The resolution at which the frames are displayed can vary depending on the capabilities of the display system and the encoding of the pictures. One resolution measurement is based on the number of vertical and horizontal lines of pixels that the display can support. One increasingly popular display resolution is 1080p which is used in High Definition (HD) signals and HD sets that are capable of handling this display format. As HD industry increasingly penetrates the television market, 1080p will become a common display format. Displays having capabilities to support 1080p are capable of displaying a picture of 1,920 horizontal pixels/line by 1,080 vertical pixel lines (full frame, total of 2,073,600 pixels) every 1/60th of a second. The 1080p level of resolution is considered to be progressive since a full frame is displayed every 1/60th of a second, i.e., such that all pixels of frame are display at one instance in time.
Another common signal and display resolution is 1080i (1920×1080 pixels at 30 frames per second). Signals and displays having capabilities to support 1080i resolution are capable of displaying every other vertical line of a picture such that the picture includes 1,920 horizontal pixels/line by 540 vertical pixel lines (half frame, total of 1,036,800 pixels) every 1/60th of a second. The other half of the picture is shown immediately after the first part of the picture, at the same rate and resolution, such that a perceived full frame is displayed every 1/30th of a second. The 1080i level of resolution is considered to be interlaced since alternating half frames (fields) are displayed every 1/60th of a second.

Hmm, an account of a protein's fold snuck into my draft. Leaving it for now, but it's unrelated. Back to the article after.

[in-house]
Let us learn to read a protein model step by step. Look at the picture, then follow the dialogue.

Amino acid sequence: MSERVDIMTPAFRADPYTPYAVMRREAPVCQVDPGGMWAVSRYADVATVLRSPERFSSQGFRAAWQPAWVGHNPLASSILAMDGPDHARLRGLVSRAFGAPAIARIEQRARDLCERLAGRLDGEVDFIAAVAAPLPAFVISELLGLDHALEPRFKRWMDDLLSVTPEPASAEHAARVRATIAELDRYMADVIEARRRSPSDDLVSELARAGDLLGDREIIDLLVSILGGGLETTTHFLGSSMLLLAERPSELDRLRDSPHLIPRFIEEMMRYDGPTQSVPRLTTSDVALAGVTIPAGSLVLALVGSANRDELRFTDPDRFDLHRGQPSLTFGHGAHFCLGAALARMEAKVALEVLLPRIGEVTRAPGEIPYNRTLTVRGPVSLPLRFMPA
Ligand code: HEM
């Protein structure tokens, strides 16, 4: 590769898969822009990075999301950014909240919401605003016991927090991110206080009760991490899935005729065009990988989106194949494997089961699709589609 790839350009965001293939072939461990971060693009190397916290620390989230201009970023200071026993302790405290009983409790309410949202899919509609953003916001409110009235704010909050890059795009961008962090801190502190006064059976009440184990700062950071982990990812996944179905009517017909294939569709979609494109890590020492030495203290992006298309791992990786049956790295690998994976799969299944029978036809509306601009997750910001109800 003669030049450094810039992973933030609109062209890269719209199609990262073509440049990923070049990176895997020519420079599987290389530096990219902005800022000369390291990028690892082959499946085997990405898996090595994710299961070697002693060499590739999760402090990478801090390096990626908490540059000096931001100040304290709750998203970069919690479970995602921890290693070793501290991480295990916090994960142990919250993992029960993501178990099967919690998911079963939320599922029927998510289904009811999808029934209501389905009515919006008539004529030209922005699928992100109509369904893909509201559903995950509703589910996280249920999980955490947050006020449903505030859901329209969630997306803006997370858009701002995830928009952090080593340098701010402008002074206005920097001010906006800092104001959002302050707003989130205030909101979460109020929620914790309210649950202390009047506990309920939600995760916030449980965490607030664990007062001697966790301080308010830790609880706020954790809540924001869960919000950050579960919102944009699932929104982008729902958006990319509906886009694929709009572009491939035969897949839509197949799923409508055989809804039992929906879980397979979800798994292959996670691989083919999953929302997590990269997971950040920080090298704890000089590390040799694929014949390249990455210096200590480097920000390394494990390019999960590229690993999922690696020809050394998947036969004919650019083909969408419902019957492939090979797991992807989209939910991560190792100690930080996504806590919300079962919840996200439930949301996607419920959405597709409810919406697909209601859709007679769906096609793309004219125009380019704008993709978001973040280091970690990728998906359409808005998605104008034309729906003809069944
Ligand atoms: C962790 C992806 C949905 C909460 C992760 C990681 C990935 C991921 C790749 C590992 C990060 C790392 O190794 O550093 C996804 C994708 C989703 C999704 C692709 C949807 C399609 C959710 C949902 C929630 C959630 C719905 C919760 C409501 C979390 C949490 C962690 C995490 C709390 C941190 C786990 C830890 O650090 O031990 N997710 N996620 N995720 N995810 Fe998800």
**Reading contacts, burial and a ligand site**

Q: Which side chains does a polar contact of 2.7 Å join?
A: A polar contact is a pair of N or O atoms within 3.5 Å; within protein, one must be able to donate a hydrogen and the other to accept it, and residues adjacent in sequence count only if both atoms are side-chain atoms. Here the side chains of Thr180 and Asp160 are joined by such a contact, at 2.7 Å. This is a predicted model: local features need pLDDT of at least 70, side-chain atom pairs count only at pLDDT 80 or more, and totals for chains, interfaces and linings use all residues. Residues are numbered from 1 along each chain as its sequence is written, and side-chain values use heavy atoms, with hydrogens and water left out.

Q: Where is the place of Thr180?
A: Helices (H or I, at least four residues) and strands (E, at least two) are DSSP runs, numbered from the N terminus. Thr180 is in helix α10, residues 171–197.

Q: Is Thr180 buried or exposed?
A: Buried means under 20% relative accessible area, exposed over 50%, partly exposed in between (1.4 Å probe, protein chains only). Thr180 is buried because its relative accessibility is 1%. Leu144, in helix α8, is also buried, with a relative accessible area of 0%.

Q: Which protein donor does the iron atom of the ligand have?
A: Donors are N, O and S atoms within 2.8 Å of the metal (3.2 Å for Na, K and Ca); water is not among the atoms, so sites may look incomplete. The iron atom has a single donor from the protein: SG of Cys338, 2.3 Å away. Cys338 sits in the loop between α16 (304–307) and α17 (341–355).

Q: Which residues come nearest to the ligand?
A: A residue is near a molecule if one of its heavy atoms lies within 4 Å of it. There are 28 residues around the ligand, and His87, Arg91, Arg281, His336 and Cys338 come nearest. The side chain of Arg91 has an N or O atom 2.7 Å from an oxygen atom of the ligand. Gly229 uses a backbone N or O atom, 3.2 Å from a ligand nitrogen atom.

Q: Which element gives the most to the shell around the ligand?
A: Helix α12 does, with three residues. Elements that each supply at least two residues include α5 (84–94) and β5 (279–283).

To facilitate transmitting the pictures, the pictures may be individually encoded and compressed. Any number of methodologies and standards are available for the video compression. Moving Picture Experts Group (MPEG) is one commonly used compression standard. Like many compression standards, MPEG breaks each frame into a number of blocks (macroblocks) or other units to facilitate transmitting the signal. The blocks may be separately compressed or omitted from transmission depending on the pictures included and the associated compression/transmission technique. The blocks are then reassembled for display in a process that predicts the location of a block for a current frame based on the location of a block in a reference or preceding frame.